Since Correia presented no challenge to the selectmen's decision that he engaged in unprofessional conduct toward residents, and did not object to their determination that any one of the remaining charges against him would have been grounds for his termination, the Court's decision states that it cannot agree with his claim that he was "terminated for doing exactly what his superior officer told him to do."

"Because the petitioner has not shown that his termination was illegal, unjust, or unreasonable [under the standards established by the case of Cheney v. City of Somersworth], we affirm [the selectmen's decision]," the Court's ruling states.

Expressing her relief that the case appeared to be over, Fuller said during a telephone interview last week that she felt "completely vindicated" by the Court's decision.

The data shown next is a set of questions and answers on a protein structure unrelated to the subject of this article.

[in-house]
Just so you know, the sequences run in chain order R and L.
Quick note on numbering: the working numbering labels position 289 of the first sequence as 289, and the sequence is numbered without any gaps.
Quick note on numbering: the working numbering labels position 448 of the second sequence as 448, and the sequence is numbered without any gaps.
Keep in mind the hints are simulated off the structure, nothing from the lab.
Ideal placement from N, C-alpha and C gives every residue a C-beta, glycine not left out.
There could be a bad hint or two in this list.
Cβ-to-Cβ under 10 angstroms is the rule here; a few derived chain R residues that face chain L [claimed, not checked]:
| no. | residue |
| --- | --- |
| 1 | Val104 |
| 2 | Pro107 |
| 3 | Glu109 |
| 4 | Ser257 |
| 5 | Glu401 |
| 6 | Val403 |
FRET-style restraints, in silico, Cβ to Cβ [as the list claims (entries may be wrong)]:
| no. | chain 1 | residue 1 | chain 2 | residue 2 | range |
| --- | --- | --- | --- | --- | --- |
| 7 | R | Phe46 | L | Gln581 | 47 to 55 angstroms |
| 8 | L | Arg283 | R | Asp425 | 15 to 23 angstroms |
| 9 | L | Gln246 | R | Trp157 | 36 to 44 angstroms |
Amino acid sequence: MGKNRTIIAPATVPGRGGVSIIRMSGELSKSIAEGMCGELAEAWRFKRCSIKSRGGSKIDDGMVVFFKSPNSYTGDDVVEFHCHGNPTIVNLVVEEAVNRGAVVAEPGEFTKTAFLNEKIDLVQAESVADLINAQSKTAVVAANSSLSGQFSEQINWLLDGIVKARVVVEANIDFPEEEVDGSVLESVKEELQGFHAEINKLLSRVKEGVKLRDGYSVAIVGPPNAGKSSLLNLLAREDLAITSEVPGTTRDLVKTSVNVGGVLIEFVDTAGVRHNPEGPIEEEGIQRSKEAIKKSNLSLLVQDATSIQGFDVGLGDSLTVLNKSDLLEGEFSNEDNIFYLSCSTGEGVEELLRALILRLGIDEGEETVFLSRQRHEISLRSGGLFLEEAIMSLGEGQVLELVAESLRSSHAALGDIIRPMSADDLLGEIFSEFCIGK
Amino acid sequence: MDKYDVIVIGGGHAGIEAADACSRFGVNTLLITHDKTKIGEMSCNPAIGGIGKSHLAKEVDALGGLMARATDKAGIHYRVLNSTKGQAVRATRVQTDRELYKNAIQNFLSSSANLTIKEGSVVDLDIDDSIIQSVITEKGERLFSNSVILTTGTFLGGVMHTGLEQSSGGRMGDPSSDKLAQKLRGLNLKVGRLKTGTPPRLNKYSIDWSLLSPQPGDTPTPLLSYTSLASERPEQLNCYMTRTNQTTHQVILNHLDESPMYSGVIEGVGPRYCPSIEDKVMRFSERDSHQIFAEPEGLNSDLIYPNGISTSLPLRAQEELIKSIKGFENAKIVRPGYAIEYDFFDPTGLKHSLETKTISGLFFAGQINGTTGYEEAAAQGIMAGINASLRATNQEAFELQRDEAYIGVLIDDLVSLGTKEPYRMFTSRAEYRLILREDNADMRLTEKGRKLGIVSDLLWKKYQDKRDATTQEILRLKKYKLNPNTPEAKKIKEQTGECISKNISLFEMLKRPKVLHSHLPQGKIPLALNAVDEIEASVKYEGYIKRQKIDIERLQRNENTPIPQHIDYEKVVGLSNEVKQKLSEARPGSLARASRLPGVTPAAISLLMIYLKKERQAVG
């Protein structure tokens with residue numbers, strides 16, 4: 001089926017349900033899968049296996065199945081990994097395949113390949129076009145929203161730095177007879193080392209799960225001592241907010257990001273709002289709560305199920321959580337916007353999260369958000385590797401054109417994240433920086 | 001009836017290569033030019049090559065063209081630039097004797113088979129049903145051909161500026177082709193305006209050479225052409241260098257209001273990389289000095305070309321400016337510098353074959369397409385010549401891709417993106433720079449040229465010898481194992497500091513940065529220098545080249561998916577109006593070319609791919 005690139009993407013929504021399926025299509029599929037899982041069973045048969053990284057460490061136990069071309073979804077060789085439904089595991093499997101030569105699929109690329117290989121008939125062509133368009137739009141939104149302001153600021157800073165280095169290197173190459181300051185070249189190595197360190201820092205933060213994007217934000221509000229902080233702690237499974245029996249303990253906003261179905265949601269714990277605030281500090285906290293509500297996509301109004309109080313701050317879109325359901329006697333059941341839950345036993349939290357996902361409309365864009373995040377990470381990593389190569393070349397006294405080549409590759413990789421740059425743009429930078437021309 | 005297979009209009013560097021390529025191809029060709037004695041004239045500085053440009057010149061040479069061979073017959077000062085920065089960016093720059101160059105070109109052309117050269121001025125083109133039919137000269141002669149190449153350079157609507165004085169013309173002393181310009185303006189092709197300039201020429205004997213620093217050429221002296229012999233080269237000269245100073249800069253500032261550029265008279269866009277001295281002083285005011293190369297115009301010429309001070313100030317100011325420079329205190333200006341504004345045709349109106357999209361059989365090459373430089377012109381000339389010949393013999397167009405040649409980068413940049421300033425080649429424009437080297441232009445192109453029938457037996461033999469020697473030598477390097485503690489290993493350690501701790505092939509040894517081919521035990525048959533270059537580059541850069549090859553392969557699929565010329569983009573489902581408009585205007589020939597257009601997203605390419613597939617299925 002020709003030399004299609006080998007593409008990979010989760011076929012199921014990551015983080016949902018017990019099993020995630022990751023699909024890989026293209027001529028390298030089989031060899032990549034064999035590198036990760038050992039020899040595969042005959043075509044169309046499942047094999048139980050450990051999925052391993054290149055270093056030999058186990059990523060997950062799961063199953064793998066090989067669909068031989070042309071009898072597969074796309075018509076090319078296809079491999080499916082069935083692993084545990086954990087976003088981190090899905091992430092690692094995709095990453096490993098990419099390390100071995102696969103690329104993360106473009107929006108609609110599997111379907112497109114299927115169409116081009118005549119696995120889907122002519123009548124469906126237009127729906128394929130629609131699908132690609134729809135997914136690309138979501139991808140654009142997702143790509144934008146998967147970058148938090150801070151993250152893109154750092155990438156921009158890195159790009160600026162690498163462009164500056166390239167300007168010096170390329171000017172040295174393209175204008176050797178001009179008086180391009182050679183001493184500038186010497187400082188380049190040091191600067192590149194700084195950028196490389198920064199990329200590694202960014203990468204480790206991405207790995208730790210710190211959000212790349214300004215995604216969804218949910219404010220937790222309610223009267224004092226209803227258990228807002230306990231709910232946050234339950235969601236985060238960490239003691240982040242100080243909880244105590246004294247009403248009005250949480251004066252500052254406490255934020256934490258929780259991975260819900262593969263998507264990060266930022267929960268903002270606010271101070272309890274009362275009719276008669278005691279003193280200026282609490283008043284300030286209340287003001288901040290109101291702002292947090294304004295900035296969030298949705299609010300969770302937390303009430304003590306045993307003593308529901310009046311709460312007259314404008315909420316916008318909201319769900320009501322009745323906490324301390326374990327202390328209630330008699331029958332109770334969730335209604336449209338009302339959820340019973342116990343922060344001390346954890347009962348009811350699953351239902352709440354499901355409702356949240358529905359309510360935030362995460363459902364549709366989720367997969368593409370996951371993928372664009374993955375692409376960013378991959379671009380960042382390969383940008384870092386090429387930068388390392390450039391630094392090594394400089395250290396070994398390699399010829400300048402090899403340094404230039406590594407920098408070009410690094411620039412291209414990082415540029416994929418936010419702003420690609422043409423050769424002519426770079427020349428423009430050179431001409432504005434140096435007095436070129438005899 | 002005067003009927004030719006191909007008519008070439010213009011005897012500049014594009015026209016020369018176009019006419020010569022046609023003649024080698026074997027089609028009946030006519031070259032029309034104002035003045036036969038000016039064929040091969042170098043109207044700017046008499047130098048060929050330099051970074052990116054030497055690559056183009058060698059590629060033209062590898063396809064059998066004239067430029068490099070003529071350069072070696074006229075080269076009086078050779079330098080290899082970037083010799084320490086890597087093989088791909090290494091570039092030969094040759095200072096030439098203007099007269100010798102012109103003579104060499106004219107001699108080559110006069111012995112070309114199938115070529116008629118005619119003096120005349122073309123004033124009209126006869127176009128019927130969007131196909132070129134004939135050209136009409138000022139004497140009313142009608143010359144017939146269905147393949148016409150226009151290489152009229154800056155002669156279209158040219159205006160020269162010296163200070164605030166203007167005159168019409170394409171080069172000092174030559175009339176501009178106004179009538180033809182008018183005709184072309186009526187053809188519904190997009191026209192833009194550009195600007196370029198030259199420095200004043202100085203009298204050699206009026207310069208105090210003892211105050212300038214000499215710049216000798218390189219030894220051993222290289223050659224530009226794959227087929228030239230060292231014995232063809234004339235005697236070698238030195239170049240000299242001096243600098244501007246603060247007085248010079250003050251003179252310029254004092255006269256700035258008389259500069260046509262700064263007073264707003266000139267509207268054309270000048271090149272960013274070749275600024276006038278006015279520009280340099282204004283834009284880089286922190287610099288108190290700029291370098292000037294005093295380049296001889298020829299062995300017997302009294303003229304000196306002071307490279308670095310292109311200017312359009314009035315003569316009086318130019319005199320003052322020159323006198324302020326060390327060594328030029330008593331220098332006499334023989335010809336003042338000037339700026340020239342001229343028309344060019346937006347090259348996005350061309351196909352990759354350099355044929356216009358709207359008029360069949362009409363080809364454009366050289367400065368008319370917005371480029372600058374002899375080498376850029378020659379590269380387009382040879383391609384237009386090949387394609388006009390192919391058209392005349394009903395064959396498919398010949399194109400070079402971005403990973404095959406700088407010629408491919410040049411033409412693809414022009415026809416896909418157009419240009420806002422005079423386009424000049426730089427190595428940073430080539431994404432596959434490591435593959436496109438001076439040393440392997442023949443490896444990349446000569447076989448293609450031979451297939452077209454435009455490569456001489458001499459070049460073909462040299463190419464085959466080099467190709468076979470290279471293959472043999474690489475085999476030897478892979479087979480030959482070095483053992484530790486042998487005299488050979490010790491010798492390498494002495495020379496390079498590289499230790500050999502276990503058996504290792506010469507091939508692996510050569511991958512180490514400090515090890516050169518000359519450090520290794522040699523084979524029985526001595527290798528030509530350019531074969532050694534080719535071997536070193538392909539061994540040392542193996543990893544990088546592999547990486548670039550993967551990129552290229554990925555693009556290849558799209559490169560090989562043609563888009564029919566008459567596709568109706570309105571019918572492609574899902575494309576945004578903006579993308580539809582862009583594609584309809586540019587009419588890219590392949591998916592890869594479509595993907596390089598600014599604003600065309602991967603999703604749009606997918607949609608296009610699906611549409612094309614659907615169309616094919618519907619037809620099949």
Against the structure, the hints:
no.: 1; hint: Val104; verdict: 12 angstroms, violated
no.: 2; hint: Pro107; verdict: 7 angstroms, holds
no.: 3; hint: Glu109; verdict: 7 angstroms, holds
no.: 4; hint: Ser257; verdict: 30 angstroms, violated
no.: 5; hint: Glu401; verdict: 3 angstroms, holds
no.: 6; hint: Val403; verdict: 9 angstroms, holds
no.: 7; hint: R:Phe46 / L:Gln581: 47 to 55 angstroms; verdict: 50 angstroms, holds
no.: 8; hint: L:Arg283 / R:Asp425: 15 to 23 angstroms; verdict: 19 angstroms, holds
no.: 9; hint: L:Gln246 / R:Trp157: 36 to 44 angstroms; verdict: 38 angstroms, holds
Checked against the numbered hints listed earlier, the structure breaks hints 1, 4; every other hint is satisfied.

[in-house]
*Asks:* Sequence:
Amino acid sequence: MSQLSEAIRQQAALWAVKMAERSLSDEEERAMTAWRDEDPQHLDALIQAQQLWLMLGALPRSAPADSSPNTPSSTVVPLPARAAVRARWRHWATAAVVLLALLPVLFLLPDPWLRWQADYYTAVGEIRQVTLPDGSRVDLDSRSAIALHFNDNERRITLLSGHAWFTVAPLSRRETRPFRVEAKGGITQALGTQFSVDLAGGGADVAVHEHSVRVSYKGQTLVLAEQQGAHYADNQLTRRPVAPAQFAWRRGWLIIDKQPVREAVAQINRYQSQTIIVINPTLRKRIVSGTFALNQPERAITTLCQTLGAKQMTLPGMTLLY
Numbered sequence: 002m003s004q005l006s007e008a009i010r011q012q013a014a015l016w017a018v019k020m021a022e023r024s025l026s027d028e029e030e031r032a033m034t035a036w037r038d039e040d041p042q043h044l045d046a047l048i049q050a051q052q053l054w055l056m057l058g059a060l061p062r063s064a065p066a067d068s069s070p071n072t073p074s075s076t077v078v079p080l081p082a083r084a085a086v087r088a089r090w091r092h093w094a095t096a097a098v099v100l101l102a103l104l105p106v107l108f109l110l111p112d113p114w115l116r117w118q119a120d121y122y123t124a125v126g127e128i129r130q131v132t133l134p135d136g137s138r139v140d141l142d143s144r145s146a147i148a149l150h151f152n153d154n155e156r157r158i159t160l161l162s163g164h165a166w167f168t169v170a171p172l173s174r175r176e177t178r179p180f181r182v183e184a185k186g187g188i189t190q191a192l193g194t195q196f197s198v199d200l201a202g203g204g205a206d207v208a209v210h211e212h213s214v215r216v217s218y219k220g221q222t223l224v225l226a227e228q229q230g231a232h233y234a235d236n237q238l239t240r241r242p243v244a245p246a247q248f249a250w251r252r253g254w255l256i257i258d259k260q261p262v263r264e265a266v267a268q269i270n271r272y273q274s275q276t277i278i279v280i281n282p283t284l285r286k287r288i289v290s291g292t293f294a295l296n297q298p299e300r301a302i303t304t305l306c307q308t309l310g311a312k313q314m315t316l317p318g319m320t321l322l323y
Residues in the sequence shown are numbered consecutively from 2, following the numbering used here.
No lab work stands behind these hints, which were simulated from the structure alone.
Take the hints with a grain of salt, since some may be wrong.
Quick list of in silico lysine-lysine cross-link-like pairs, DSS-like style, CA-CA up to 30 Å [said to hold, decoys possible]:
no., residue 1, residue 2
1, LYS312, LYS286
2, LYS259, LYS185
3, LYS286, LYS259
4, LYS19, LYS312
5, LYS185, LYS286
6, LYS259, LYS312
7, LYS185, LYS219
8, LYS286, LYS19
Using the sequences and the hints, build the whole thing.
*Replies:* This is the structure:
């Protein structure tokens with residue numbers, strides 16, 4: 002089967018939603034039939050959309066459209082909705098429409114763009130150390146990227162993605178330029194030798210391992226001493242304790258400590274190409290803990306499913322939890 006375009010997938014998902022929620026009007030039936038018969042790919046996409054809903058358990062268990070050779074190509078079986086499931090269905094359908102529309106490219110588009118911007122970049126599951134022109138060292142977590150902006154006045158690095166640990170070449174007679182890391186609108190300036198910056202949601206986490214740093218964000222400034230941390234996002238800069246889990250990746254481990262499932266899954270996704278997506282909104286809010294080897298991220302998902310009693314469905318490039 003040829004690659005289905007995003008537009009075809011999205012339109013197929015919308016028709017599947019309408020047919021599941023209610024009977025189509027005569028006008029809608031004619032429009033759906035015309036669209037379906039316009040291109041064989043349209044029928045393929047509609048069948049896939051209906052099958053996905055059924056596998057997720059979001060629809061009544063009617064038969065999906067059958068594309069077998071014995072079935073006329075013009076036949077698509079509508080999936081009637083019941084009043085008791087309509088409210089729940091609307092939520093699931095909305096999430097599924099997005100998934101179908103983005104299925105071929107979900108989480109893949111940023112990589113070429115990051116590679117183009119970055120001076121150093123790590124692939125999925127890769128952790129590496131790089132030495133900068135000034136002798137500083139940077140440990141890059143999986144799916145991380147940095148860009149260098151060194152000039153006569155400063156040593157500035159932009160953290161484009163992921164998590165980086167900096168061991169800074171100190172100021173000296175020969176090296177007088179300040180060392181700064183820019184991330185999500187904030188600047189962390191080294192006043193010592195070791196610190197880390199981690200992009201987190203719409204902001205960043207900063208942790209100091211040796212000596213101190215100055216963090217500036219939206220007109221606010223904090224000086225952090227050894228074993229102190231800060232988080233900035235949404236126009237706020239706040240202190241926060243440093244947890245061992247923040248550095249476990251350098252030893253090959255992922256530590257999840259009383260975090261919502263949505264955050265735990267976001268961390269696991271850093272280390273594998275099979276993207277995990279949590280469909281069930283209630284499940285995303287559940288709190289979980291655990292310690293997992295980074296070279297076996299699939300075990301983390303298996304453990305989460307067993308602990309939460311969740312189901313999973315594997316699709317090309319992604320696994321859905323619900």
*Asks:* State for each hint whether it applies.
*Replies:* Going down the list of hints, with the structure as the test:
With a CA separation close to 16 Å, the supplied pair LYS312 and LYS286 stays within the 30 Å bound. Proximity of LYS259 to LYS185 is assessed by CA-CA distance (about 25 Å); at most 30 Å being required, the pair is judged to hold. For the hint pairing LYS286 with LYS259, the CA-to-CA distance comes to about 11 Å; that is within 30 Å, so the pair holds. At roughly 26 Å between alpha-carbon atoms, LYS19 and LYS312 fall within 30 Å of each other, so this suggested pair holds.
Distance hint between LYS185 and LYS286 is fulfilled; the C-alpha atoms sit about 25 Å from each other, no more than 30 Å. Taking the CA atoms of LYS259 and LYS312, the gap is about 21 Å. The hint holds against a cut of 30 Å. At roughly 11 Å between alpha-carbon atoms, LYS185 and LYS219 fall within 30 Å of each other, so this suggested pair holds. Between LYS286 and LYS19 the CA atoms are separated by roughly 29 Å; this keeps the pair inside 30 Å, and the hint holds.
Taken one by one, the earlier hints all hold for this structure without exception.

"It's been a long road for the town, a long road for the board of selectmen, and a long road for the police department," she said, adding that she also viewed the Court's ruling as a "total vindication" for newly-promoted Police Chief Ryan Heath, who blew the whistle on Iwans', Anderson's, and Correia's alleged misconduct.

"I'm gratified that the Court once again said we treated [Correia] fairly, correctly, and with due process," Fuller added, offering her personal thanks to Sessler, Town Administrator Russell Bailey, attorney Melissa Guldbrandsen (who represented Bailey during Correia's employment hearing) and attorney Charles Bauer (who represented the town during the appeals process) for "all their hard work."

"We can move on and no longer have this hanging over our heads in any way, shape, or form," she said.

As of press time Tuesday, Correia had not returned a phone call asking for his reaction to the Court's decision.

Brendan Berube can be reached at 569-3126 or bberube@salmonpress.com

Matin Lord Osman
Salmon Press